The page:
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appeals, we do not have properly before us considerations which pertain solely to particular properties, such as the individual errors which admittedly crept in during the preparation of the list of 876 properties. They are not sufficient to indicate any bad faith or corrupt design in the working out of the City's policies; on the contrary, they appear to have been the result of the magnitude of the task and the limited time available. Without determining points which may, perhaps, be raised during the course of any individual appeal because of facts peculiarly applicable to the assessment there involved, we shall here pass upon the issue of whether the City's resolutions authorizing the legal proceedings should be set aside because they were discriminatory or otherwise invalid.

The appellants' primary contention is that the City's action in prosecuting the 876 appeals and abandoning the rest, constituted the deliberate making of non-uniform assessments in violation of Article IV, Section VII, paragraph 12 of the 1844 Constitution and the equal protection clause of the Fourteenth Amendment of the United States Constitution. The State constitutional provision referred to simply provides that "Property shall be assessed for taxes under general laws, and by uniform rules, according to its true value." It seems clear that this clause was not in any sense violated by the City's action. The appellants do not dispute that the assessments throughout the City, as originally made by the Assessor and revised by the County Board, were presumptively uniform and according to true value in compliance with the constitutional mandate. See Jersey City v. Division of Tax Appeals, supra , at p. 384. They constituted the sole assessment action within the contemplation of the constitutional provision. The fact that, in many individual cases, appeals were taken by the City and might require assessment changes, was simply an incident of fair and orderly taxing procedure and did not impugn the integrity of the assessing action under the Constitution. Cf. White River Lumber Co. v. Arkansas , 279 U.S. 692, 696, 73 L. Ed. 903, 909 (1929). However, the appellants seek support from the line of cases in the United States Supreme Court which have struck down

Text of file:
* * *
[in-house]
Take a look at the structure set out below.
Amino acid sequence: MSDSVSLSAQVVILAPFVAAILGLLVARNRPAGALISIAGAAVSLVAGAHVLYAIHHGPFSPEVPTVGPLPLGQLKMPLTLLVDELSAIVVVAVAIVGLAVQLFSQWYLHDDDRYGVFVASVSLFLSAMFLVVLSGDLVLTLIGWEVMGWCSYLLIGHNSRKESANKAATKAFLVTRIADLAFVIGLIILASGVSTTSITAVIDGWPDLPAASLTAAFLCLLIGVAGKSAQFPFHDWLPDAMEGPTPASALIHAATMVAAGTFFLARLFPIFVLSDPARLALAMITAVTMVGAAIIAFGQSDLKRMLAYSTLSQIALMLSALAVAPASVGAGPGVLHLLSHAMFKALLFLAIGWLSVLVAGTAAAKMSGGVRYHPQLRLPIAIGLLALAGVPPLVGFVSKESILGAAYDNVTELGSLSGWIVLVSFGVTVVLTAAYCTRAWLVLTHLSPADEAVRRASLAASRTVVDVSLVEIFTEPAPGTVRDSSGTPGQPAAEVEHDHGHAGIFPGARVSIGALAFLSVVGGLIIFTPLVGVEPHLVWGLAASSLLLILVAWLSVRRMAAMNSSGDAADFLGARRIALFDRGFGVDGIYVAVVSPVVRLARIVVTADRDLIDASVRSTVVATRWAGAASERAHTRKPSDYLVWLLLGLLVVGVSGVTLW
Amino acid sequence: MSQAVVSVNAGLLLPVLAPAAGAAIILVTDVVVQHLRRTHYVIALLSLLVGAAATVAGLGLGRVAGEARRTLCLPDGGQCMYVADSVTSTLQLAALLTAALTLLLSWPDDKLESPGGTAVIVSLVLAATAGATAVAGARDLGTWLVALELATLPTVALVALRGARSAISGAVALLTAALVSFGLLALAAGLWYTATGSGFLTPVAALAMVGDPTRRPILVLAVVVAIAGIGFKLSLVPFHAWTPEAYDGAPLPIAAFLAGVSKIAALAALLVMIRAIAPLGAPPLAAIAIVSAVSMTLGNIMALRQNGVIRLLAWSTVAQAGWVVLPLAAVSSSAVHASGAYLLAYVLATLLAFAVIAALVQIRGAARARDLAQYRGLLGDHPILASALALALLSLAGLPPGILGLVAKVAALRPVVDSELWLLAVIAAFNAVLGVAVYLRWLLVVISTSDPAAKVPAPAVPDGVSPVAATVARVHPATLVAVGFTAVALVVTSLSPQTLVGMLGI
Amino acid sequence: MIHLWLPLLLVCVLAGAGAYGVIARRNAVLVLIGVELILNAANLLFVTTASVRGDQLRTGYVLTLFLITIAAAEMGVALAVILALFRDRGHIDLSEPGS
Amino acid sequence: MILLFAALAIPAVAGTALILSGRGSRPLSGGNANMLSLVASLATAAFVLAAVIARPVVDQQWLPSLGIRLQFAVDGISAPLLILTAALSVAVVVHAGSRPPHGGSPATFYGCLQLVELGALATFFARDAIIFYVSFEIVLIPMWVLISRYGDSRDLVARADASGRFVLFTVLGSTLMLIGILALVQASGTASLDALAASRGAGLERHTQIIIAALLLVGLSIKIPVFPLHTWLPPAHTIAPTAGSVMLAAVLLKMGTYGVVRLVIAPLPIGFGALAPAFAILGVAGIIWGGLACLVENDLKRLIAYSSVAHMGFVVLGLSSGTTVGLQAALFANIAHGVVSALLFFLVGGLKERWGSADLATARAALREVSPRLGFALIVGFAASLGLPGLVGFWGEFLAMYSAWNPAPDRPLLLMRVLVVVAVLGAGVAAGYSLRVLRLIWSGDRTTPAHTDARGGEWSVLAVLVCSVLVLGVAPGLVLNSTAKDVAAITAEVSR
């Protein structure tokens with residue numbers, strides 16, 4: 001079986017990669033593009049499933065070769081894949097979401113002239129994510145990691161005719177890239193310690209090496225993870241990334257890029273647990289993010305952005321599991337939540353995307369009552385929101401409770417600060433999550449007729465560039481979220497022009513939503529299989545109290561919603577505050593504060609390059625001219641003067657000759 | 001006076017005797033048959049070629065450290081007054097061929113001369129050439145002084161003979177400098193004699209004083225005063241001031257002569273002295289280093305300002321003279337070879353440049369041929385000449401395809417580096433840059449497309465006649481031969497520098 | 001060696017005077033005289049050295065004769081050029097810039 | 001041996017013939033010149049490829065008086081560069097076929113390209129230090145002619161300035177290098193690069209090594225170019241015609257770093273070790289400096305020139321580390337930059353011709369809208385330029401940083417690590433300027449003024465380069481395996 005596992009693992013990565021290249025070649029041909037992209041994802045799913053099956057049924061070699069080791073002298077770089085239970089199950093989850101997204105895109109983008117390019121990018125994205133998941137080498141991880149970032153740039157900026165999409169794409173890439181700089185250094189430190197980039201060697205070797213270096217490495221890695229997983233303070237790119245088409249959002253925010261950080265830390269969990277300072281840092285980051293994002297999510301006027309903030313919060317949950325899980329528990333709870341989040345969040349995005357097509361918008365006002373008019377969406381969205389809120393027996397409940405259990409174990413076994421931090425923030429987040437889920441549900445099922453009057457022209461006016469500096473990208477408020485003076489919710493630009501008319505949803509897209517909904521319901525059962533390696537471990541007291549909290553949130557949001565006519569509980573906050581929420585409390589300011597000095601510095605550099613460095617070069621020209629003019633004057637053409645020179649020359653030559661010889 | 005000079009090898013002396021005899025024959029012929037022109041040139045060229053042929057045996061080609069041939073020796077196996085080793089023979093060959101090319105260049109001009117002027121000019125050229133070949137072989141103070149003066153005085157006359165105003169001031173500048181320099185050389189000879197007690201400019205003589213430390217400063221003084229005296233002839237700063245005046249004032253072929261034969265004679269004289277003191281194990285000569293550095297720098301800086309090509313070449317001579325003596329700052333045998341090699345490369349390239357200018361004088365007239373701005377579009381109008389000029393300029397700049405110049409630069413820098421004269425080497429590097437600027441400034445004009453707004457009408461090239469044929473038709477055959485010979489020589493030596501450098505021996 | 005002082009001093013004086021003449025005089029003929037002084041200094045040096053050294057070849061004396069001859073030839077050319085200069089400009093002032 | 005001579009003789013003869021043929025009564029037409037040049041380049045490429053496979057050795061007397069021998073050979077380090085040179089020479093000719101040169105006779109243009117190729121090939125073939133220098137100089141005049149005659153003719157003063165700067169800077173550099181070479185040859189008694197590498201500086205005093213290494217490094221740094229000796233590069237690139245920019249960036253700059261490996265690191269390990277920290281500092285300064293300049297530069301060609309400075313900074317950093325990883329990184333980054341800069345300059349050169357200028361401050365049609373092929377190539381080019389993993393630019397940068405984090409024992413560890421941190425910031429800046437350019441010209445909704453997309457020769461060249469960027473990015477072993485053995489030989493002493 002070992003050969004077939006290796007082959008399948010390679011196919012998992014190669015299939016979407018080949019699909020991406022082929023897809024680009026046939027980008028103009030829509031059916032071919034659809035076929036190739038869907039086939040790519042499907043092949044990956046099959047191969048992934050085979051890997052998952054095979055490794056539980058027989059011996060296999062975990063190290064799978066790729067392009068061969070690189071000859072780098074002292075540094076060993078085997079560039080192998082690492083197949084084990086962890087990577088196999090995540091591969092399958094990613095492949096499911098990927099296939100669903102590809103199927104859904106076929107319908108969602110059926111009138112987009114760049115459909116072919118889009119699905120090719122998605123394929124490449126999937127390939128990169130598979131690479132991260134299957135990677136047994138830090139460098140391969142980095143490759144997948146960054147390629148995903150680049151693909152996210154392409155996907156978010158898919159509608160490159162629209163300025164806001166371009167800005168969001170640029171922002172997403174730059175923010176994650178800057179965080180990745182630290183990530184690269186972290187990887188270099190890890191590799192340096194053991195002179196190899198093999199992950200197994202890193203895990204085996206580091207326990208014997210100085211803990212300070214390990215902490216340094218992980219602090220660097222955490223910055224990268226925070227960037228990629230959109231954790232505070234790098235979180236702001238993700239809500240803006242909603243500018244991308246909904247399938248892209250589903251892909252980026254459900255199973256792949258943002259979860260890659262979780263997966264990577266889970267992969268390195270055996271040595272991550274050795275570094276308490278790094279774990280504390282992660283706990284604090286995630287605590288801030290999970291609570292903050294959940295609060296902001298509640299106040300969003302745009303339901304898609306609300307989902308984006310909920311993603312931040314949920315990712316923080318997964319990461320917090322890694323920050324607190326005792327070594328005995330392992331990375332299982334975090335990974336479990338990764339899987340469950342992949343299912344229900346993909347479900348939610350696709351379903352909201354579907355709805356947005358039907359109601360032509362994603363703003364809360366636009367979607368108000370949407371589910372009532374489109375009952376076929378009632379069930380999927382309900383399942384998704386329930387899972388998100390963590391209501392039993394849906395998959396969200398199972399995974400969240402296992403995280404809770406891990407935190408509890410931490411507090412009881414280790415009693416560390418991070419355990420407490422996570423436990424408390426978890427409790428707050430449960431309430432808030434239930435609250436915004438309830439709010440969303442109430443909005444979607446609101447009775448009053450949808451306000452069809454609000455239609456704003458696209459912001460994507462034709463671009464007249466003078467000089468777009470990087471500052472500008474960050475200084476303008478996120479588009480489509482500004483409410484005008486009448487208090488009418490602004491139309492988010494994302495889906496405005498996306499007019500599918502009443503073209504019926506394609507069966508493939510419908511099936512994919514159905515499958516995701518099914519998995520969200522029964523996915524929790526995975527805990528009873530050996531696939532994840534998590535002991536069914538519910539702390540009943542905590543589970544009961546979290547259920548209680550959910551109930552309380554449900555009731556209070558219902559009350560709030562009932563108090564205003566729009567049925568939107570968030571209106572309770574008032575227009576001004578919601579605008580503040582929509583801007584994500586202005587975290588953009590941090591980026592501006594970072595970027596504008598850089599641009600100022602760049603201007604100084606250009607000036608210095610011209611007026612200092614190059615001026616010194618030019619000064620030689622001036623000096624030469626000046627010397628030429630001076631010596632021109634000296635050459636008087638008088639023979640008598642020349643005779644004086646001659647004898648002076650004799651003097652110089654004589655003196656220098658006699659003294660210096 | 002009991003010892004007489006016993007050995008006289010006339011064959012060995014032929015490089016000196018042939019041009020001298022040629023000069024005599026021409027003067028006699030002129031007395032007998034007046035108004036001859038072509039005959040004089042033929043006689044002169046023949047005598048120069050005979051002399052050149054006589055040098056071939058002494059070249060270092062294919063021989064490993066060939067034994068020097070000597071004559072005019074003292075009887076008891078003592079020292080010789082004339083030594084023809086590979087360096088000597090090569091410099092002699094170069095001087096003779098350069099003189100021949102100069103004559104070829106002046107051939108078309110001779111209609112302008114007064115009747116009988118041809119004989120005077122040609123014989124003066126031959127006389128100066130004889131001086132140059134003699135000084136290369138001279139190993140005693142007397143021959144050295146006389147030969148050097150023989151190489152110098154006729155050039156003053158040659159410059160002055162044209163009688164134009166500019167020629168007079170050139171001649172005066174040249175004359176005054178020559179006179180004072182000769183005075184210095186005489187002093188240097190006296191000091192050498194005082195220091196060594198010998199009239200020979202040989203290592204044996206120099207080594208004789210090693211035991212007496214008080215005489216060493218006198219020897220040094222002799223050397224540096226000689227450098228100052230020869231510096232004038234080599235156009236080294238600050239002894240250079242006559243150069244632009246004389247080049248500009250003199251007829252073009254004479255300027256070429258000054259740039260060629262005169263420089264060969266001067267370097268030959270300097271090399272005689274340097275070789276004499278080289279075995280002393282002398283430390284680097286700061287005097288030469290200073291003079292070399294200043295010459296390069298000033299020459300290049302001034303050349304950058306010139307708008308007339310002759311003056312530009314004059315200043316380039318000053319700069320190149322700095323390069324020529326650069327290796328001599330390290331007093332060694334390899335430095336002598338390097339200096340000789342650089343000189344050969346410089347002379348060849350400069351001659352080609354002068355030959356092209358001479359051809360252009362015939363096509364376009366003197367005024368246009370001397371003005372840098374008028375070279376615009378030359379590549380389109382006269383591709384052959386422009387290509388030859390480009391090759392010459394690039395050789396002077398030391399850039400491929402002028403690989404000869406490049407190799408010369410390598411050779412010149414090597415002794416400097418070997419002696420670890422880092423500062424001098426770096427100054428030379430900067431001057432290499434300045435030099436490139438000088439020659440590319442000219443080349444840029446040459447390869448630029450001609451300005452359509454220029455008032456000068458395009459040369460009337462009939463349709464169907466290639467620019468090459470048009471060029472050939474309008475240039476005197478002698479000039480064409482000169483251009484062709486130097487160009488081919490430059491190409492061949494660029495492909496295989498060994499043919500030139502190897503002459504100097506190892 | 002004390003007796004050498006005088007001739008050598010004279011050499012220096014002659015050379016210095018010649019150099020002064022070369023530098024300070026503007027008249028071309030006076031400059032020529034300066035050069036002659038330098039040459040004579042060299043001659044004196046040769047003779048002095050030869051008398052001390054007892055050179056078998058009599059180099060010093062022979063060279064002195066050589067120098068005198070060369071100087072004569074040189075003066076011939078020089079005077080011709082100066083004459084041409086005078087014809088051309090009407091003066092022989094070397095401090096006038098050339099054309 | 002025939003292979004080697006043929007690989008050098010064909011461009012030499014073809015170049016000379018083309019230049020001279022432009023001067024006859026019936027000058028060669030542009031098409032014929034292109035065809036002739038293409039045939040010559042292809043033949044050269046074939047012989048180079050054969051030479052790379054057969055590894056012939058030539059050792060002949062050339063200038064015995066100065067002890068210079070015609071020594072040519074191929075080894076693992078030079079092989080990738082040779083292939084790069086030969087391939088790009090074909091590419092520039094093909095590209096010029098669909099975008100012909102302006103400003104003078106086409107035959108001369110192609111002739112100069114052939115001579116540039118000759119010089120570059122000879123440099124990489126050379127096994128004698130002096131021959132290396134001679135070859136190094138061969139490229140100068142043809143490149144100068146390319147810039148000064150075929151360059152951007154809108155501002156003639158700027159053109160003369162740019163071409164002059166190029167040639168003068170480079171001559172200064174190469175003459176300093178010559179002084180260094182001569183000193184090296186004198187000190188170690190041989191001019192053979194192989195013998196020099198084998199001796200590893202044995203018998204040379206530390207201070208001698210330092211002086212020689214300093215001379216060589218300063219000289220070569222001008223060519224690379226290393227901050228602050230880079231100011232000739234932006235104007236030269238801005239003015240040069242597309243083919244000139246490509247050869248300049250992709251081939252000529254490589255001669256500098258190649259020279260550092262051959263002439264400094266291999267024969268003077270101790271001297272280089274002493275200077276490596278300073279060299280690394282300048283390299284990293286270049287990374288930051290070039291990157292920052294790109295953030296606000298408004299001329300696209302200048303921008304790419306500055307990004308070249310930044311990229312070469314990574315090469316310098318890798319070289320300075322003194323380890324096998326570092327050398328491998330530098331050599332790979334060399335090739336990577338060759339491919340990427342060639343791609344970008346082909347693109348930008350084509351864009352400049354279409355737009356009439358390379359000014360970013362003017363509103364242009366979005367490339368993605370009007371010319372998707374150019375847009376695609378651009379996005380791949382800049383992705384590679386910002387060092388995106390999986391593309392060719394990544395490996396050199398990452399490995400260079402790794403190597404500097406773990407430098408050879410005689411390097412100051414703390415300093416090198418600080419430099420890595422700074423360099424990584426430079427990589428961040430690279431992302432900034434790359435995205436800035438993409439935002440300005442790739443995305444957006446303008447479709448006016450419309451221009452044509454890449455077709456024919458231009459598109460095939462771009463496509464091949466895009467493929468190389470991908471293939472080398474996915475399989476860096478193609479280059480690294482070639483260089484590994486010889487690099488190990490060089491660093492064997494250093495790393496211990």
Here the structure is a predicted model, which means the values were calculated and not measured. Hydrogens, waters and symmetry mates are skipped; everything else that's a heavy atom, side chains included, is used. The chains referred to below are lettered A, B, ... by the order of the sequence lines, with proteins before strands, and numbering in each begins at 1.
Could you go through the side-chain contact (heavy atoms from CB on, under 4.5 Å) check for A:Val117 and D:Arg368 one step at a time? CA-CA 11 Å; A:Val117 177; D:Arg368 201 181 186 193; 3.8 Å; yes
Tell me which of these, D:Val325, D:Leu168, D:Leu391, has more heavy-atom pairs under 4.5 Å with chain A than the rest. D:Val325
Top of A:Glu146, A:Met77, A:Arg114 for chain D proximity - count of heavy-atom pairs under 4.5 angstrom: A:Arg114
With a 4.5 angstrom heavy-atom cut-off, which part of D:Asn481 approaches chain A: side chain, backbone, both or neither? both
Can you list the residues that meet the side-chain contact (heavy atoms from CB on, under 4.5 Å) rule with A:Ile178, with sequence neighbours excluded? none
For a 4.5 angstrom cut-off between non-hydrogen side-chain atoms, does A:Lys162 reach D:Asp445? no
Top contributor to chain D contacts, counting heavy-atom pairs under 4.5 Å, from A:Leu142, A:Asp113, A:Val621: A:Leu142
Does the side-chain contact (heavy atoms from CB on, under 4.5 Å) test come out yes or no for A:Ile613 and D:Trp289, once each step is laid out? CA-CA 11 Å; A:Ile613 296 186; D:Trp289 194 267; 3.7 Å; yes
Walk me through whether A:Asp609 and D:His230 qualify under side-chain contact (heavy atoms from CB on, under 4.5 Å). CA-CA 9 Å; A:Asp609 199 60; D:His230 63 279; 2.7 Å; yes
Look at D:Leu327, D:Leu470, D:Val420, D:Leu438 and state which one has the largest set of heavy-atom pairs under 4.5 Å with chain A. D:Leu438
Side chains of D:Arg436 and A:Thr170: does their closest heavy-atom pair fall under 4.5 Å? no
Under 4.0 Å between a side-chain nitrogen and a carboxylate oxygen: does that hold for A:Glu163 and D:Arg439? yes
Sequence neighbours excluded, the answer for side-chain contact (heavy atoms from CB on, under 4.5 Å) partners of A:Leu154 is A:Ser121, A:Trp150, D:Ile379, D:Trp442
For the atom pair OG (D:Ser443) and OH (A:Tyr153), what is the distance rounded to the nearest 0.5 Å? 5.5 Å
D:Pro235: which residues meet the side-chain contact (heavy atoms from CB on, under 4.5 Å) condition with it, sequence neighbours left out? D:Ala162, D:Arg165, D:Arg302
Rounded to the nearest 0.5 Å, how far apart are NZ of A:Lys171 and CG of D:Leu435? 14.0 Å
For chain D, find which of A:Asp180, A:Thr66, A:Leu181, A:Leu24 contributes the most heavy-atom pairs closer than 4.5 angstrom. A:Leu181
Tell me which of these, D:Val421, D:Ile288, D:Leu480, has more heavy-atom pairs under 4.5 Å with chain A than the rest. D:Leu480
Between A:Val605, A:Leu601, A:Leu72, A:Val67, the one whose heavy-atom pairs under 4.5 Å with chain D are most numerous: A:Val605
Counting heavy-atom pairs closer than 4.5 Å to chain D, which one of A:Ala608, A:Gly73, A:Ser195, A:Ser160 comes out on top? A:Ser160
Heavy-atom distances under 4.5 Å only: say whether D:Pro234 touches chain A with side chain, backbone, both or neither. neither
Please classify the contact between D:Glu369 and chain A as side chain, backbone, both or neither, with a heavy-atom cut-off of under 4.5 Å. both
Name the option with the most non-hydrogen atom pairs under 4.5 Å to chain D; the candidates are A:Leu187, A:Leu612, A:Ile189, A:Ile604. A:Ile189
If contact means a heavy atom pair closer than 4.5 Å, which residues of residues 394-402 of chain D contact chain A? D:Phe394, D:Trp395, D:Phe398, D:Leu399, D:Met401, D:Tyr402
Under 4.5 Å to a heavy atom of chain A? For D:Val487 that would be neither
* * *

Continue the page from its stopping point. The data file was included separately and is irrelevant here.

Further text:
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systematic and intentional discriminations in the valuation of property in the same class for tax assessment purposes. See Sioux City Bridge Co. v. Dakota County , 260 U.S. 441, 67 L. Ed. 340 (1923); Hillsboro Township v. Cromwell , 326 U.S. 620, 90 L. Ed. 358 (1946).